The Act of Belonging in Didion's Dislocated Era


Joan Didion's The White Album, a collection of essays ranging in style from the deeply personal to the journalistic, with tones both passionate and bitter, examines the theme of dislocation — posited as a symptom of 1960's American life. Experienced as both a physical distance from home and a mental trauma, dislocation is present in all of the disparate images of Didion's mosaic world — a world and an era defined not with simple summaries, but in vibrant images and truly lived memories. Hollywood producers and rock stars, Bishop James Pike, Georgia O'Keefe, even extravagant and wasteful architecture — all represent the confusion of living during a time of great change, the struggle to define oneself against a morphing image of American life. Yet amidst these stories of displacement, including examples of her own vulnerability and depression, Didion includes a paragraph of triumphant belonging after traveling around the country on a book tour in the essay "On the Road." Didion suggests that a product of 1960's American life is may be that the country begins to feel smaller, condensed and attainable: that individuals (especially men) can claim their land as their own. The following passage is imbued with the ambition of the time, a redefining of American nationalism and belonging, and a sense of Didion's understanding of the outcome of travel.

I began to see America as my own, a child's map over which my child and I could skim and light at will. We spoke not of cities but of airports. If rain fell at Logan we could find sun at Dulles. Bags lost at O'Hare could be found at Dallas/Fort Worth. In the first-class cabins of the planes on which we traveled we were often, my child and I, the only female passengers, and I apprehended for the first time those particular illusions of mobility which power American business. Time was money. Motion was progress. Decisions were snap and the ministrations of other people were constant. Room service, for example, assumed paramount importance. We needed, my eleven-year-old and I, instant but erratically timed infusions of consommÄ, oatmeal, crab salad, and asparagus vinaigrette. We needed Perrier water and tea to drink when we were working. We needed bourbon on the rocks and Shirley Temples to drink when we were not. A kind of irritable panic came over us when room service went off, and also when no one answered in the housekeeping department. In short we had fallen into the peculiar hormonal momentum of business travel, and I had begun to understand the habituation many men and a few women have to planes and telephones and schedules. [176]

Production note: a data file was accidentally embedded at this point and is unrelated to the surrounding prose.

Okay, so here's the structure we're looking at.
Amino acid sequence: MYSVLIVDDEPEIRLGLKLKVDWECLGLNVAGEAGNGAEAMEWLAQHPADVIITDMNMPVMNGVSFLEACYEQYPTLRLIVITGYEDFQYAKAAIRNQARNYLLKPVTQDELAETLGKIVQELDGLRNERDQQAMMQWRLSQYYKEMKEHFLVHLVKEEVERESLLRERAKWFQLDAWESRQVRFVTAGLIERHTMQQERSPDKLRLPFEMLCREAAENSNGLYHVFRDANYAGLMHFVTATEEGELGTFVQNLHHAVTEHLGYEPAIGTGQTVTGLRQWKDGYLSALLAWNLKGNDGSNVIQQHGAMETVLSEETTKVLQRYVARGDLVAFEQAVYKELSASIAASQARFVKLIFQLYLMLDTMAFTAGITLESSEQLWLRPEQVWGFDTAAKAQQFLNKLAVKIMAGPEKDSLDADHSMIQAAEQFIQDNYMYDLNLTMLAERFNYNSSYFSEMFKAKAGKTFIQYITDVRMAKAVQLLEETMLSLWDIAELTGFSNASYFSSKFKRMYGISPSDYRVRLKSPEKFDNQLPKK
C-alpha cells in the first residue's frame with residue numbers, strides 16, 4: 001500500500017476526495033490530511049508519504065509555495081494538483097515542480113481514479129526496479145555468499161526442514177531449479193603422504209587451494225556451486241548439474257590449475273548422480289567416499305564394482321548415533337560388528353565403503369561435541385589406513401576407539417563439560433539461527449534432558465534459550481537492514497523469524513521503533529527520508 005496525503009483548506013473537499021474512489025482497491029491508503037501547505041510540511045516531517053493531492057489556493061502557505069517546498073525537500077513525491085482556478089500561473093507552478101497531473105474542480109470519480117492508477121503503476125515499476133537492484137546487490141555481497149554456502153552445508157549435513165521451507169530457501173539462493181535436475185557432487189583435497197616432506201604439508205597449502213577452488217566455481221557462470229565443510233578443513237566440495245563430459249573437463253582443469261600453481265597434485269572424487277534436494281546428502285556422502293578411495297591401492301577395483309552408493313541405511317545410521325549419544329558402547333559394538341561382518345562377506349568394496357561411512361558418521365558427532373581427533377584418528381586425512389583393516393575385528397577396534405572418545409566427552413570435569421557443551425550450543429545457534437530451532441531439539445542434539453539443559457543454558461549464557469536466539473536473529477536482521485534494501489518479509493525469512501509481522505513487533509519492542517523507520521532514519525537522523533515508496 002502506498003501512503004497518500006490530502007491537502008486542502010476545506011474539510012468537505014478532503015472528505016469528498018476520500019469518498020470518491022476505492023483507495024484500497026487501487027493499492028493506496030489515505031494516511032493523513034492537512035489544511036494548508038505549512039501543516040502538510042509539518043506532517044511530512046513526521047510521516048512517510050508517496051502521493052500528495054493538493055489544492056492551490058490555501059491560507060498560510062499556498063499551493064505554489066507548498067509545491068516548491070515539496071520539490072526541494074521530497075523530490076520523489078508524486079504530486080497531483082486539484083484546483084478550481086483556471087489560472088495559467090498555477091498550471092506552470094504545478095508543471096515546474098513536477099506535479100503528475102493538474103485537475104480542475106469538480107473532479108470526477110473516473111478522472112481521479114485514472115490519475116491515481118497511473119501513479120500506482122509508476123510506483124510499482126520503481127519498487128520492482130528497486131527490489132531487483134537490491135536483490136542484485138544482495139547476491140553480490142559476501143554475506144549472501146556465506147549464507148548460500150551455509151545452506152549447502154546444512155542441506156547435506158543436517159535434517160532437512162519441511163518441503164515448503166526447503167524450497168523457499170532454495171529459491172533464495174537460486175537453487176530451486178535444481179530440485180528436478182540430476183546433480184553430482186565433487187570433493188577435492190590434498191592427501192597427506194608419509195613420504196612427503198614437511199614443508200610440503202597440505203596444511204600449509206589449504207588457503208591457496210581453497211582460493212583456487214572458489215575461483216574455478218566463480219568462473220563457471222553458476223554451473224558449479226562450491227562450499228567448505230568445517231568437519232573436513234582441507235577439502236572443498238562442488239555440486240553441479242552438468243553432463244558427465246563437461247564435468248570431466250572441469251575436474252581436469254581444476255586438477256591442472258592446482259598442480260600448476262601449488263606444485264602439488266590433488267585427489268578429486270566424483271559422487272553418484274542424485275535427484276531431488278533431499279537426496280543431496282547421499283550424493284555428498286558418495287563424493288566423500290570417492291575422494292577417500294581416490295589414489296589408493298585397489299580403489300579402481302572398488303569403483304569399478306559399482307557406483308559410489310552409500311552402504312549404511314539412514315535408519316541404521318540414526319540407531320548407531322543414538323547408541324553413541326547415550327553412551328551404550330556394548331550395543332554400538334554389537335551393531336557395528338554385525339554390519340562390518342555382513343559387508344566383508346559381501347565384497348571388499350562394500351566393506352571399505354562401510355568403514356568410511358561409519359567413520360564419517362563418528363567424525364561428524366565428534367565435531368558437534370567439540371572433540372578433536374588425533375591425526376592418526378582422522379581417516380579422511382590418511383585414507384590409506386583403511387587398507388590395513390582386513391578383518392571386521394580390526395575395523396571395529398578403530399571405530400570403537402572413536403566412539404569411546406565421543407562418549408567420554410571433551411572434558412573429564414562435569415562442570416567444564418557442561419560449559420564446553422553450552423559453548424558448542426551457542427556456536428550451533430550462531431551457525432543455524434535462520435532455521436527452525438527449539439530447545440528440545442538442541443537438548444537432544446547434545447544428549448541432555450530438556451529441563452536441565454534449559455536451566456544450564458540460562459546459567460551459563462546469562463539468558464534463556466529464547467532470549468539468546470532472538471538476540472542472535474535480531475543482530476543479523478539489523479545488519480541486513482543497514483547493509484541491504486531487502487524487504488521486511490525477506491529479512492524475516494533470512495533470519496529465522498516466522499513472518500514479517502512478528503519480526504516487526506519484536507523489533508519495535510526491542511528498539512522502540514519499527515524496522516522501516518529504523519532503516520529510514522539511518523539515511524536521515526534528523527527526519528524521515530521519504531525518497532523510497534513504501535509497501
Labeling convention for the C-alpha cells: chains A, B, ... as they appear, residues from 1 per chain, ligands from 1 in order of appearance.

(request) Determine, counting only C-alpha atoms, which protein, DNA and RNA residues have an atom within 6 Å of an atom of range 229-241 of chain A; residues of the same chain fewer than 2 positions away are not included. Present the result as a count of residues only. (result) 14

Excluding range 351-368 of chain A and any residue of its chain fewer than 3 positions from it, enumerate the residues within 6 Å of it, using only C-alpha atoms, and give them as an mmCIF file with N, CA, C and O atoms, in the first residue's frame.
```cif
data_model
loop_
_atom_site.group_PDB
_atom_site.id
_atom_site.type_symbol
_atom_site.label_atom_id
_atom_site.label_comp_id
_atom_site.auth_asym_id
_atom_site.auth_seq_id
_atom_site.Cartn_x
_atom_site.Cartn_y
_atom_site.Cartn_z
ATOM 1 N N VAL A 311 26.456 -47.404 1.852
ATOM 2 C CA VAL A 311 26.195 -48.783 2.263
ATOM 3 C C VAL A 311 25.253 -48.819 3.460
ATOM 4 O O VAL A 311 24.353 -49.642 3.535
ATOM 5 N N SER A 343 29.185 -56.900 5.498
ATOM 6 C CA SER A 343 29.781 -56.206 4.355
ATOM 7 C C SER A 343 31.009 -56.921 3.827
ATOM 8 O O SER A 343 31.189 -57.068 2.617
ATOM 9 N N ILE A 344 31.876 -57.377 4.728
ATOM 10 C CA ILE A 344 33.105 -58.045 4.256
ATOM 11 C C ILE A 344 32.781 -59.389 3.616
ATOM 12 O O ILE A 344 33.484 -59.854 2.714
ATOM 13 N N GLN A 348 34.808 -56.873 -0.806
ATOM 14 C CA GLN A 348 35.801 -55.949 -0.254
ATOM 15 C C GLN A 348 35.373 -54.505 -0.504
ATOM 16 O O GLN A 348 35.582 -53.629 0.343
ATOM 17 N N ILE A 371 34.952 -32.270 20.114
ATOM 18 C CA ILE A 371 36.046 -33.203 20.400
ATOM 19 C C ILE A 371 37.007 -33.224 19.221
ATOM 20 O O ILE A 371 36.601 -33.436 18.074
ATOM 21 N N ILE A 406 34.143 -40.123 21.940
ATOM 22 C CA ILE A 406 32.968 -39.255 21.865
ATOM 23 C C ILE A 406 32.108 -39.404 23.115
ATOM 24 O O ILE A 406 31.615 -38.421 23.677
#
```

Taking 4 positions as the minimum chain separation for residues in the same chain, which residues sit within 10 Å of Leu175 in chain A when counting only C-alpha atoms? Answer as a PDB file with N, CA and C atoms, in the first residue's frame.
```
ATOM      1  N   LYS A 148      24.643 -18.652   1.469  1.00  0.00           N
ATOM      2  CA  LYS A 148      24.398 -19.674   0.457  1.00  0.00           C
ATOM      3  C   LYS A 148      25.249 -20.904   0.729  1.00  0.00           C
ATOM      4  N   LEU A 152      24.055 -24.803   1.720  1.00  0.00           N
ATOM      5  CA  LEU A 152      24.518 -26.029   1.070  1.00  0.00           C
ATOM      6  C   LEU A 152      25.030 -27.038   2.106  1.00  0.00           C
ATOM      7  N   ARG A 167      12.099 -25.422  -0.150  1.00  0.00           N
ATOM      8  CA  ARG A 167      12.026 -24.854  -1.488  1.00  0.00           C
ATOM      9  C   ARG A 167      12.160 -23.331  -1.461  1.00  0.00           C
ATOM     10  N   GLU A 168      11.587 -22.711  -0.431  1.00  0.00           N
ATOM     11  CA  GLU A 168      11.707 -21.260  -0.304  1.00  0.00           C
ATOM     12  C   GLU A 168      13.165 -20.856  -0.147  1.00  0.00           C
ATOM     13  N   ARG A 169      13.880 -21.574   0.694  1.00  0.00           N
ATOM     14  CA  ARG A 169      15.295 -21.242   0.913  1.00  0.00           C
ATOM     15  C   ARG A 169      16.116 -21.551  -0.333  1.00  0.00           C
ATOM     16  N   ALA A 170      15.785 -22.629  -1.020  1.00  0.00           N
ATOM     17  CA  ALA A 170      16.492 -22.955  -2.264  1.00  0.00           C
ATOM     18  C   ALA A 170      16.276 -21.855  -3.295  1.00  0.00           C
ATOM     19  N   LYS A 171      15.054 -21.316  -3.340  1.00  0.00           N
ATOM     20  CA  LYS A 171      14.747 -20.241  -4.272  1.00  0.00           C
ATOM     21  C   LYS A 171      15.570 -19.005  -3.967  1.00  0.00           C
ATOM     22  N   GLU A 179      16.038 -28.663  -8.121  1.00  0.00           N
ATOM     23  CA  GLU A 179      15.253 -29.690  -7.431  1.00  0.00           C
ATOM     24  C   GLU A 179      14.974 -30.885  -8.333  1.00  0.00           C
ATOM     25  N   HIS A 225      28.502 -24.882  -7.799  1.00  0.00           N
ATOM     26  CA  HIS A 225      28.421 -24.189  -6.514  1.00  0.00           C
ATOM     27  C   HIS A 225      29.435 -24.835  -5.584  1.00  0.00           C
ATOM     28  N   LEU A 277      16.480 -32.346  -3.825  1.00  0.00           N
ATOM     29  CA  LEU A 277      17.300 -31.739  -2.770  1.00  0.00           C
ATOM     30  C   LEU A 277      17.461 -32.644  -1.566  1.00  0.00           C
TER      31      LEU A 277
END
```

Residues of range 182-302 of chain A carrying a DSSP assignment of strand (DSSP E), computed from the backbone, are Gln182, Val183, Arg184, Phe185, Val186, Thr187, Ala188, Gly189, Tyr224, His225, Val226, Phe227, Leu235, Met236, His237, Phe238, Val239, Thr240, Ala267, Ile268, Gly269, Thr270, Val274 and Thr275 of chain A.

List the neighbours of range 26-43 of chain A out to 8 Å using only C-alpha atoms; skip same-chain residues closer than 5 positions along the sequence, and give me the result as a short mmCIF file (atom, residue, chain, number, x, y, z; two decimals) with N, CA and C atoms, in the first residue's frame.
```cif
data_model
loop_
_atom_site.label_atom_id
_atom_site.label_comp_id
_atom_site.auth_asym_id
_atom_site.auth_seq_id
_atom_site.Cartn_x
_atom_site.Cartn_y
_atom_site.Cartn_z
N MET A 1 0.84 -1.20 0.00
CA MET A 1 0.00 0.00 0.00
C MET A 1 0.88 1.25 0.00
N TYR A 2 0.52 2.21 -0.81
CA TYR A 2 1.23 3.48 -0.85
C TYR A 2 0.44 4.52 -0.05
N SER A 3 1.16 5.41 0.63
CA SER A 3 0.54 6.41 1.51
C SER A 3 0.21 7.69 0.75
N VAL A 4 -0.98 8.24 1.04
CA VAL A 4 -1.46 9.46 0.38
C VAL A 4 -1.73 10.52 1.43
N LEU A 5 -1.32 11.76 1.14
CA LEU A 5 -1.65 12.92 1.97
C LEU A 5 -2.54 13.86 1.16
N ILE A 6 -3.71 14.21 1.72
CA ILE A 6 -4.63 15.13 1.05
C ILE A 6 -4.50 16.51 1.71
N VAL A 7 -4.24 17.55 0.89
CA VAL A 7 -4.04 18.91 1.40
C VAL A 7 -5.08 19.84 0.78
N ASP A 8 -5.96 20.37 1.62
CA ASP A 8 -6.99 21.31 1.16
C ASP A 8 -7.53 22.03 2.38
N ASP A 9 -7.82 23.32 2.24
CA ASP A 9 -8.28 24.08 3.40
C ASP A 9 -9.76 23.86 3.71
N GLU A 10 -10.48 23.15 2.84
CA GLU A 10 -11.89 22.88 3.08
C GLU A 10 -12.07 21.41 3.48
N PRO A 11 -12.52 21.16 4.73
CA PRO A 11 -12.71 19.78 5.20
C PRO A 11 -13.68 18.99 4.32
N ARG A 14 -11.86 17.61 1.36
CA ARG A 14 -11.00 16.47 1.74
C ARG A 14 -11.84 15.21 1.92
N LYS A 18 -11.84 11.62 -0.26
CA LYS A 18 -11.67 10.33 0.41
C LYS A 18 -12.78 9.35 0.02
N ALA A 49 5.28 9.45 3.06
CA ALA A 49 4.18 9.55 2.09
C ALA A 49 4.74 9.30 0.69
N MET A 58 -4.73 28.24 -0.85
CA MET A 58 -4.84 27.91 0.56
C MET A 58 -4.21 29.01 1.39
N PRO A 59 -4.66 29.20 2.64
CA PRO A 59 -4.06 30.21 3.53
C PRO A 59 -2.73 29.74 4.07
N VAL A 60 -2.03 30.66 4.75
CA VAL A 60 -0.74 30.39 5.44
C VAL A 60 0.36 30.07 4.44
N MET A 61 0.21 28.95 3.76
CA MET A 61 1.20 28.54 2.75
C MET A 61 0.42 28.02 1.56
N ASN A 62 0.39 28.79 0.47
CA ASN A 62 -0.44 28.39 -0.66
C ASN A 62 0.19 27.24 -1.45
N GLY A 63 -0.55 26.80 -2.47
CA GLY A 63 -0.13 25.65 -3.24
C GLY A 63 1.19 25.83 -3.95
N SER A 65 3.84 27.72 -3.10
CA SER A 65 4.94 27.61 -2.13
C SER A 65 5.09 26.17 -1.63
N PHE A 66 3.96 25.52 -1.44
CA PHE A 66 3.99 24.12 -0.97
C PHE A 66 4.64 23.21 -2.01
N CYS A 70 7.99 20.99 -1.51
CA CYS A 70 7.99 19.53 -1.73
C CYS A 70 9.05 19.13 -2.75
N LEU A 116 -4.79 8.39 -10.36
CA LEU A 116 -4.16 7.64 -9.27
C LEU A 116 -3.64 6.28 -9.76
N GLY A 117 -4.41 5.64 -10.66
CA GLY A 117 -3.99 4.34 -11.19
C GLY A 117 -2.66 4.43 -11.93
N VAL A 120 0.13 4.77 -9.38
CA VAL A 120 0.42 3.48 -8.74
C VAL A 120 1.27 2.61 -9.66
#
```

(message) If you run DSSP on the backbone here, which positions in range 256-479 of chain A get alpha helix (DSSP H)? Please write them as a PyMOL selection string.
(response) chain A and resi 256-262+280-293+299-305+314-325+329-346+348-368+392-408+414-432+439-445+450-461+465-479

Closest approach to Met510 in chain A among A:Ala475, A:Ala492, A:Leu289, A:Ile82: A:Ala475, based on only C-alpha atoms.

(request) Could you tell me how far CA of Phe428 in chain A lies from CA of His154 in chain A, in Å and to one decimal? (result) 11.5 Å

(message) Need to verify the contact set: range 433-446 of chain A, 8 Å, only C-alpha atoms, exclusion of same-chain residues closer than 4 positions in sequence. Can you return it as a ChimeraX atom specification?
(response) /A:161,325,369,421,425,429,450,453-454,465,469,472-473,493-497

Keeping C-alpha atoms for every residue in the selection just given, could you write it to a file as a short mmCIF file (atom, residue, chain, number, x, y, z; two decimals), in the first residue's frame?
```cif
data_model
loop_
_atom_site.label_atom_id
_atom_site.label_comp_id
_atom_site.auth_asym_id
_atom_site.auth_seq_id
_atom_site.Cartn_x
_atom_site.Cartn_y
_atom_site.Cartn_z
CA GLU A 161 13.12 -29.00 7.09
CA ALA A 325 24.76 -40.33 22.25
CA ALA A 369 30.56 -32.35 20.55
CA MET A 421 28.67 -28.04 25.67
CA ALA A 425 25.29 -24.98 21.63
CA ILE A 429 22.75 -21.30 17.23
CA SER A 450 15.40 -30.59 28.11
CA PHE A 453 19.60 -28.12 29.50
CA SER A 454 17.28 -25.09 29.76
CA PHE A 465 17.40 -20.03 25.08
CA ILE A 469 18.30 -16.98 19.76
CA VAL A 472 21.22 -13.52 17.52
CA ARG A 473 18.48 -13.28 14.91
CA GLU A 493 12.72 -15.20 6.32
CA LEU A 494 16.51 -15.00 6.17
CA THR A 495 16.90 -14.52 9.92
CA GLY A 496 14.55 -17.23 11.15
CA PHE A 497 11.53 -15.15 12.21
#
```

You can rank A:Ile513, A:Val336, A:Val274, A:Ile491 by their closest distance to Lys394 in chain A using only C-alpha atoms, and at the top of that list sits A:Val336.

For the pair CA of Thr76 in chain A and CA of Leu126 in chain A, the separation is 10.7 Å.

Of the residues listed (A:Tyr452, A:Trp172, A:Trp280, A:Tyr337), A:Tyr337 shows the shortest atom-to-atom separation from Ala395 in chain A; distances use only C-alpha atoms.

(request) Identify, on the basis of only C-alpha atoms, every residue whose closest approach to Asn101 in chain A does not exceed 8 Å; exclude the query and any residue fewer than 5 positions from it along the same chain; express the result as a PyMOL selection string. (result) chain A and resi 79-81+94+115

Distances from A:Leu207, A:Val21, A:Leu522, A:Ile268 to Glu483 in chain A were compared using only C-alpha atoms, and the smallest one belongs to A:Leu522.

Discussion Questions

1. Didion refers repeatedly to her daughter in the passage above, seeming to appreciate the comfort of being able to refer to herself as part of "We" instead of the isolating "I." What does the addition of the eleven-year-old add to the story and the message of the paragraph? Does it make Didion's sentiments seem more childish and innocent, or more universal?

2. What is the significance of the food and drinks Didion describes? Do they represent a random assortment or do they mean something more — perhaps representative of elitism, or cultural diversity?

3. The end of the passage, "I had begun to understand the habituation many men and a few women have to planes and telephones and schedules," hints at a scorn for lives so meticulously scheduled and constricted. In what ways does Didion subtly show her opinion, or do you think she tells us this simply to illustrate an understanding of a lifestyle previously foreign?

4. "We spoke not of cities but of airports." What does Didion mean by this? What is the significance of an entire city being represented by its airport?

5. Does Didion's ability to claim America as somewhere she belongs after her book tour represent a simplification of the world? Does she in fact think that there is something to be gained from feeling dislocated and lost sometimes instead of the attitude she experienced after the book tour?


Victorian Web Overview Victorian courses Joan Didion

11 September 2007